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    It should be noted that the GNU standard libraries provide the functionality of mapping the one-minus-one-letter, two-minus-multi-letter options, so all new GNU programs and most new free software in general uses this notation (e.g. -f, -f foo, --file, --file foo, --file=foo, --fil=foo, --fi=foo); throwbacks such as tar, ps, find and such had their command-line syntax set by POSIX before this standard had completely gelled. On a Gnu/Linux system, it's a reasonably safe bet that at least --help will (almost) always be supported, as well as man <command> or info <command> – BRPocock Dec 28 '11 at 14:39
  • does the GNU standard say that you shouldn't have a short form without a long form and shouldn't have a long without a short form? – barlop Nov 4 '13 at 11:52
  • +1 for being the most complete answer, including mention of GNU find which does not follow the "GNU convention" for long options (probably for reasons of POSIX compliance, as @BRPocock pointed out). I would +1 again if I could, for mentioning DOS/Windows command line "switches," since the OP's question somehow got tagged "windows," and that convention should be mentioned for completeness. – TheDudeAbides Jan 23 at 0:24

This is a convention coming from *nix. Double hyphen precedes options when they are written in full, , while single hyphen precedes options when they are written in short form. For example ls --all --l, can be shortened to ls -al. As it is seen, not all options have their single letter equivalents, although more used ones usually do.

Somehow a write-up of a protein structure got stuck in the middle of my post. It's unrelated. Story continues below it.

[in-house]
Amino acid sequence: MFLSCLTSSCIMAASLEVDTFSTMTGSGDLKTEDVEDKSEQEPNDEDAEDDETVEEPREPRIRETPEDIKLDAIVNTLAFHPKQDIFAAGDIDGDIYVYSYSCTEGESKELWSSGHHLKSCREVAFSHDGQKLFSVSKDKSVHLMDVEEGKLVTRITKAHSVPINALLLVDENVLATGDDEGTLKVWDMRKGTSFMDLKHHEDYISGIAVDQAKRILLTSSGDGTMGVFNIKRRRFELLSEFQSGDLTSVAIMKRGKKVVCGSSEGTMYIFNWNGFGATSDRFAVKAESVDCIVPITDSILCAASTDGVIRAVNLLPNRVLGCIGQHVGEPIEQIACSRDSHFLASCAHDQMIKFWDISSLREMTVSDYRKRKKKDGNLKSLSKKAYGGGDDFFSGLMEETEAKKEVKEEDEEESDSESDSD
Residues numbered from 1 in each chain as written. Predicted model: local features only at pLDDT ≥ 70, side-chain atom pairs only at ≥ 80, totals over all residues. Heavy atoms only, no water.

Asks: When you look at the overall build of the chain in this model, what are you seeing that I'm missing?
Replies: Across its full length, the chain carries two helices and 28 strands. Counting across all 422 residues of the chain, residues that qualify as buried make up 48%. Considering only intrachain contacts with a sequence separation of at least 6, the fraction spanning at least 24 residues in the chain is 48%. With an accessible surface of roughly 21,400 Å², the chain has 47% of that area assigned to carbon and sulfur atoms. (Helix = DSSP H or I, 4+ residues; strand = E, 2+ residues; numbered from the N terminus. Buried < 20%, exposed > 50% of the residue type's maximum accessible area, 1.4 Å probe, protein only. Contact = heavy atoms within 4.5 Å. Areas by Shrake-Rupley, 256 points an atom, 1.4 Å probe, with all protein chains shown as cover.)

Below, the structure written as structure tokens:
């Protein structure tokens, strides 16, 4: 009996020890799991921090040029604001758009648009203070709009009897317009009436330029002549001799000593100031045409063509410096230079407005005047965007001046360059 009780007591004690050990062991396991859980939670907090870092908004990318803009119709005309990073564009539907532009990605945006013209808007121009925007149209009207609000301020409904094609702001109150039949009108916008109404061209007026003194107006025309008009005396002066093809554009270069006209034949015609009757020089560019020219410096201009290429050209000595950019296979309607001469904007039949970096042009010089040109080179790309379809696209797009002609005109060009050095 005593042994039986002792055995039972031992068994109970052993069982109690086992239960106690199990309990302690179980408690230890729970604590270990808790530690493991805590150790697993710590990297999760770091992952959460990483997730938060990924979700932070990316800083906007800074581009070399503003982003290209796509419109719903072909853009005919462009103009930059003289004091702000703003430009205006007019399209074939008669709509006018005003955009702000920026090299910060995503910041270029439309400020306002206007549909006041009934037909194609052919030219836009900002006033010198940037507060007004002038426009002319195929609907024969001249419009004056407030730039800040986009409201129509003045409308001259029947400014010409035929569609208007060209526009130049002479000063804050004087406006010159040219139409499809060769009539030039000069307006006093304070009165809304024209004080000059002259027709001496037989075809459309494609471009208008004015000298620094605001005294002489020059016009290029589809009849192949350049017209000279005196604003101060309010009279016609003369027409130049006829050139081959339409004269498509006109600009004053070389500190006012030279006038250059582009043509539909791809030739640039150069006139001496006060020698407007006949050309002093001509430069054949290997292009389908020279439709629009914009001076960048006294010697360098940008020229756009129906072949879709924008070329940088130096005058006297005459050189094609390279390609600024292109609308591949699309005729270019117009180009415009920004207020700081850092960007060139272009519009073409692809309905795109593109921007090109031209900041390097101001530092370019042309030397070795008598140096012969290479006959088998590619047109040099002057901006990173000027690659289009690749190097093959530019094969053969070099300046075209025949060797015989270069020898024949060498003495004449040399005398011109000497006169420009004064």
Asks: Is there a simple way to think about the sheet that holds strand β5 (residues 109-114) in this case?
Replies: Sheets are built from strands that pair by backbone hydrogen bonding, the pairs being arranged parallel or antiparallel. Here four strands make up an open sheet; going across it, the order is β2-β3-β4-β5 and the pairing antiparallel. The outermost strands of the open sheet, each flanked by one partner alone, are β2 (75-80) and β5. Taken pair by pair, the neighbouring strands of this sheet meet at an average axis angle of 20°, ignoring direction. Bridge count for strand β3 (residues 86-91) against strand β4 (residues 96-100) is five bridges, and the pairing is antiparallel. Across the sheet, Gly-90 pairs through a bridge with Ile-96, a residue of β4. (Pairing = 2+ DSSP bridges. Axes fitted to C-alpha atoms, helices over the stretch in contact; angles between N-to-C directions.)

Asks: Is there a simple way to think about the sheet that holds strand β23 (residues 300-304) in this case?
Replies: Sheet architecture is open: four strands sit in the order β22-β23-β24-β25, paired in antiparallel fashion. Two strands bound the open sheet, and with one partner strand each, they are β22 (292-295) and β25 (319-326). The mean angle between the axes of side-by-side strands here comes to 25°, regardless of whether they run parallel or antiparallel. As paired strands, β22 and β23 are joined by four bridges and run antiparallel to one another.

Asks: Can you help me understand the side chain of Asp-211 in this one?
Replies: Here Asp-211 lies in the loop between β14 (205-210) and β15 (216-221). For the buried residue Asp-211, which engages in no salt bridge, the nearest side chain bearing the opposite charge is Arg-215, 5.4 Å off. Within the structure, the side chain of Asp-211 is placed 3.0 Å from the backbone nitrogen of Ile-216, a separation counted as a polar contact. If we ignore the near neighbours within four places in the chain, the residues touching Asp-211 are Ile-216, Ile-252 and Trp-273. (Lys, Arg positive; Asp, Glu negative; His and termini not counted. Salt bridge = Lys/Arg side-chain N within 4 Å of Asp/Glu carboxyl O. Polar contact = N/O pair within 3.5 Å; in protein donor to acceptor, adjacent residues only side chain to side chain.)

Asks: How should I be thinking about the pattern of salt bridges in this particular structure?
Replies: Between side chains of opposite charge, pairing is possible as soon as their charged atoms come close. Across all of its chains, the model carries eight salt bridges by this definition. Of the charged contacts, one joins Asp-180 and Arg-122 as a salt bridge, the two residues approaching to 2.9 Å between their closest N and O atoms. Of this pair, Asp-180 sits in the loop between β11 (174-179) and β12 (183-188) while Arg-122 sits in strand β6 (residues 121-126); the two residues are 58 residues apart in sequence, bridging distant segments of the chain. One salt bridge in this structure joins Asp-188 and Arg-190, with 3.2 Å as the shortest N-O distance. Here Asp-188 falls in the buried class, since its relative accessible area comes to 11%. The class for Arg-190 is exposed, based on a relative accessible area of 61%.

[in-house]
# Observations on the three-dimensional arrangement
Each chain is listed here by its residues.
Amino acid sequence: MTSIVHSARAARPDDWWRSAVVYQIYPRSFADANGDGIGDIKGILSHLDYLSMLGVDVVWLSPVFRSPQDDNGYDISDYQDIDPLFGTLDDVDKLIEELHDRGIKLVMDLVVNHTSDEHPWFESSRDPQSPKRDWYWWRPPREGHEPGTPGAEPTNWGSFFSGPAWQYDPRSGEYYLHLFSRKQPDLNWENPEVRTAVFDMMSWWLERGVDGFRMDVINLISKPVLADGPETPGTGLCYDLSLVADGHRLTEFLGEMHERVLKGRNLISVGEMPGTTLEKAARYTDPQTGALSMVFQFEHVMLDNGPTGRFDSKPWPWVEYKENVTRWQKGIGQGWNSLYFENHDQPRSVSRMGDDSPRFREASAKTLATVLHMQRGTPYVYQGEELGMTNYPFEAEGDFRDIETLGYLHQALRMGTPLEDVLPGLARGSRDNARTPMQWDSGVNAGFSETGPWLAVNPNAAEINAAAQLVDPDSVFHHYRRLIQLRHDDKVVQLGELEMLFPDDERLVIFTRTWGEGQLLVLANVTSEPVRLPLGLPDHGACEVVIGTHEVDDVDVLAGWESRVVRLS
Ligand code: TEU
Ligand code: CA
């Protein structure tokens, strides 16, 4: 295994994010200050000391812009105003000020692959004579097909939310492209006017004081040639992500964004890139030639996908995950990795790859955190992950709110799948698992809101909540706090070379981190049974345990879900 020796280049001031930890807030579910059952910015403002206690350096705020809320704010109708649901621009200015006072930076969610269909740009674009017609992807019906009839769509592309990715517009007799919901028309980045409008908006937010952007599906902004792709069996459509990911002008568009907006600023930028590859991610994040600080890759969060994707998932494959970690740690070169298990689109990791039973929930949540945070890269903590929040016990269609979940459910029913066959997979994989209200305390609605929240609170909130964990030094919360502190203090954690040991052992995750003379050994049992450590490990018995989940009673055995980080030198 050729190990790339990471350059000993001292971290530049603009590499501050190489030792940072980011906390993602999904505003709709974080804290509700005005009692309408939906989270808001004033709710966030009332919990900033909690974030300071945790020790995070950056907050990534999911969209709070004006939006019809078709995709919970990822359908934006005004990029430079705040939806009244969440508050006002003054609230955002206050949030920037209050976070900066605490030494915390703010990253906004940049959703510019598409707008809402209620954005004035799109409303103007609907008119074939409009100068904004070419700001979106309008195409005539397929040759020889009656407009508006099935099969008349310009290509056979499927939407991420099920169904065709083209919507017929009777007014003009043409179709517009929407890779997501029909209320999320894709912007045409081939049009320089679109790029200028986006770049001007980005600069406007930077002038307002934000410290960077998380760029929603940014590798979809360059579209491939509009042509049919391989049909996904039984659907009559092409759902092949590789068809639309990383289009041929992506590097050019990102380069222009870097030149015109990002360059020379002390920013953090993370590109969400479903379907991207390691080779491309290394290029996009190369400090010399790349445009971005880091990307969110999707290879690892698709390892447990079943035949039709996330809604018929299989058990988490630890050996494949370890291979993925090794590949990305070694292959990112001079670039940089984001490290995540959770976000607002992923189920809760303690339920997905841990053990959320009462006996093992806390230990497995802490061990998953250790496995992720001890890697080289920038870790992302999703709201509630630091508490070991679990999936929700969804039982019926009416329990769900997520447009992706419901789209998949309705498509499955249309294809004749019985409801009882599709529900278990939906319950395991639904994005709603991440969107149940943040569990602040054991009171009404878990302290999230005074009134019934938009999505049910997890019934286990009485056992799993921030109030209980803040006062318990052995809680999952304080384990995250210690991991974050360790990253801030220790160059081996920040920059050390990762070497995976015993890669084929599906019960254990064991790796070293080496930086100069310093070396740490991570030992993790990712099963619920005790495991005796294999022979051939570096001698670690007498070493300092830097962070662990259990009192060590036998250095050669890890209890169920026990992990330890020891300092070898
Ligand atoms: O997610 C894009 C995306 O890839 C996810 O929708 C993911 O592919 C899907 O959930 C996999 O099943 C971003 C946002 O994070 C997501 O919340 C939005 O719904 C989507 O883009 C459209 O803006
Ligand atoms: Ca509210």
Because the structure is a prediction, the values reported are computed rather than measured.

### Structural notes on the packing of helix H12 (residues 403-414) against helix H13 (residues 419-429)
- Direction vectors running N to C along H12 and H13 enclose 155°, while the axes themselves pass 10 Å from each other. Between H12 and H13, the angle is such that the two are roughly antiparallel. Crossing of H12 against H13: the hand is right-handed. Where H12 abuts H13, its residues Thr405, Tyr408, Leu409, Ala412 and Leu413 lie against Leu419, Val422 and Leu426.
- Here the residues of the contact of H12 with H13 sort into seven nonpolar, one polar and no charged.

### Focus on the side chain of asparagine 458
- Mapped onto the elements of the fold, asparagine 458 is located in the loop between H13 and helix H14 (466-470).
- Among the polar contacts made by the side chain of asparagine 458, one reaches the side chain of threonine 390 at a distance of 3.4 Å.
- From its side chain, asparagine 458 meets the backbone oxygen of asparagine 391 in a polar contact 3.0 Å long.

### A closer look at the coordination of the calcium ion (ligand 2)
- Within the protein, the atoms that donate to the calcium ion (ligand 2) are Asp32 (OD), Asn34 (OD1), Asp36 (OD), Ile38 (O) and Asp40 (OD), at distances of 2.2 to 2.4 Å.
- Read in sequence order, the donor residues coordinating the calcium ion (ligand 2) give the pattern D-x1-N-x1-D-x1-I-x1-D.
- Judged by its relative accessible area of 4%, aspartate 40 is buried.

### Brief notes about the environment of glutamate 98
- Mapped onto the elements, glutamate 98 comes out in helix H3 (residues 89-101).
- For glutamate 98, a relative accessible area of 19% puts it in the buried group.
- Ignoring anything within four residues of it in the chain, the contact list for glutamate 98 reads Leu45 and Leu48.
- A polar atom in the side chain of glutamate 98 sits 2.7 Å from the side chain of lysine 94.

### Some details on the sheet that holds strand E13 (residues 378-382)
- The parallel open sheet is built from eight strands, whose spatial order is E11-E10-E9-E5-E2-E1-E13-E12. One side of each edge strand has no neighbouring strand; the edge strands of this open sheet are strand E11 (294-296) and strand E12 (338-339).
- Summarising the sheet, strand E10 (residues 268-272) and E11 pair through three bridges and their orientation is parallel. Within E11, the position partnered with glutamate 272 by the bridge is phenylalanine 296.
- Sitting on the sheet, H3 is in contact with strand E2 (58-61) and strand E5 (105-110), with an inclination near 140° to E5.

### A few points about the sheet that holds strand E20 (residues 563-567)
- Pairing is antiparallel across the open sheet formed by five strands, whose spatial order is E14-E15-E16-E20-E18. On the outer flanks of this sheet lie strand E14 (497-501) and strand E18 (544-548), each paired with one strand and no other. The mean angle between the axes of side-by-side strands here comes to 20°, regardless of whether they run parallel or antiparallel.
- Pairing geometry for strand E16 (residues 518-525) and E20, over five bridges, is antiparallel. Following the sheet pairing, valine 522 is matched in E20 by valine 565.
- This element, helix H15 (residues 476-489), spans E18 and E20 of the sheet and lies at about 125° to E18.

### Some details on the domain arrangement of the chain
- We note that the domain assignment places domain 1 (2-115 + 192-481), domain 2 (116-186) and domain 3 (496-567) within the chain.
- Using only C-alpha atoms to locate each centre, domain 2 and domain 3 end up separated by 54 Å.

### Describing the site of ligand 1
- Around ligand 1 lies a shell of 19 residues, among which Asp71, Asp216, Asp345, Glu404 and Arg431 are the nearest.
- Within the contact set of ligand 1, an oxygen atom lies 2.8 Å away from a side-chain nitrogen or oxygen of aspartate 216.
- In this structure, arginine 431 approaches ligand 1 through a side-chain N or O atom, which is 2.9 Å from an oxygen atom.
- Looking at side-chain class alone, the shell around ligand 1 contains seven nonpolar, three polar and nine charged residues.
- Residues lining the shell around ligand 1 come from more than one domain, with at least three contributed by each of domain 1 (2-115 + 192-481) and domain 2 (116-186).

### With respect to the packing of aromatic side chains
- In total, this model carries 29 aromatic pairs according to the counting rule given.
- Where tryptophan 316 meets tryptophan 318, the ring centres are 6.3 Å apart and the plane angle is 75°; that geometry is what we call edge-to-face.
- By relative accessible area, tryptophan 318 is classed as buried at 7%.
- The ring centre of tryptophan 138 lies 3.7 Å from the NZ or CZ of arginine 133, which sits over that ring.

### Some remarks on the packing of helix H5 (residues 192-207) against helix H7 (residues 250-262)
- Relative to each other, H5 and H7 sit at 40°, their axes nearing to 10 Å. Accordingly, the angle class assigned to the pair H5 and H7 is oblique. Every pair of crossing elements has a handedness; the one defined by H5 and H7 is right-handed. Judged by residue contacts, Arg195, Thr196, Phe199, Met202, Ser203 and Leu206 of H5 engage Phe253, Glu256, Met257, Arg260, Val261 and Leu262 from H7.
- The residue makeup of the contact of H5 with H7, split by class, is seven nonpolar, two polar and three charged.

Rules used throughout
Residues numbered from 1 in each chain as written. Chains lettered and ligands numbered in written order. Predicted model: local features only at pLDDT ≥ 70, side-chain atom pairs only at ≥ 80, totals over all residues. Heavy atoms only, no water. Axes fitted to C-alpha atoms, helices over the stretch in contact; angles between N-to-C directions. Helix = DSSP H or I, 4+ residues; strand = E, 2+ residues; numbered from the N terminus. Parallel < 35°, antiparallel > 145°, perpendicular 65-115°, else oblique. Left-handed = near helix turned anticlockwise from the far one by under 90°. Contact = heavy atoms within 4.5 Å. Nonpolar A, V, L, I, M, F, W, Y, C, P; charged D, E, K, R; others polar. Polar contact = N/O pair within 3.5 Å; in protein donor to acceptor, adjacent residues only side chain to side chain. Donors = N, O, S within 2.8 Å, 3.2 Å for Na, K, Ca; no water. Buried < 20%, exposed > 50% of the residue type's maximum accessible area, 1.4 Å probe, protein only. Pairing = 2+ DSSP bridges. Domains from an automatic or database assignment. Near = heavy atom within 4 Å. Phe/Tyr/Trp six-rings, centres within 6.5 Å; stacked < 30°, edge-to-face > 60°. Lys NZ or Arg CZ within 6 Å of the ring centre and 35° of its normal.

Whether the option takes an argument doesn't really make a difference - it can either take them, or not take them, regardless of the way you enter the option.

When writing them for one time usage, it doesn't really matter, but when writing commands for example in .alias files, it is customary to use the full-form. Purely for the ease of reading for the next person.

  • Heys thanks for the help, Btw is there a reason you type unix as *nix ? – Pacerier Dec 28 '11 at 13:29
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    @Pacerier - Unix is a trade name. By typing *nix I actually refer to all unix and similar systems, which for all practical purposes, are the same. But mostly, it's a force of habit ... – Rook Dec 28 '11 at 13:51
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    @Pacerier *nix can refer to Linux, or Unix. I'm not totally sure on this 'cos was a while back that I looked into it, but Technically, if I recall, BSD is from the Unix family. Linux technically isn't.. and neither is FreeBSD. But saying *nix would include unix/bsd, and anything like it, e.g. linux and freebsd. – barlop Dec 29 '11 at 20:08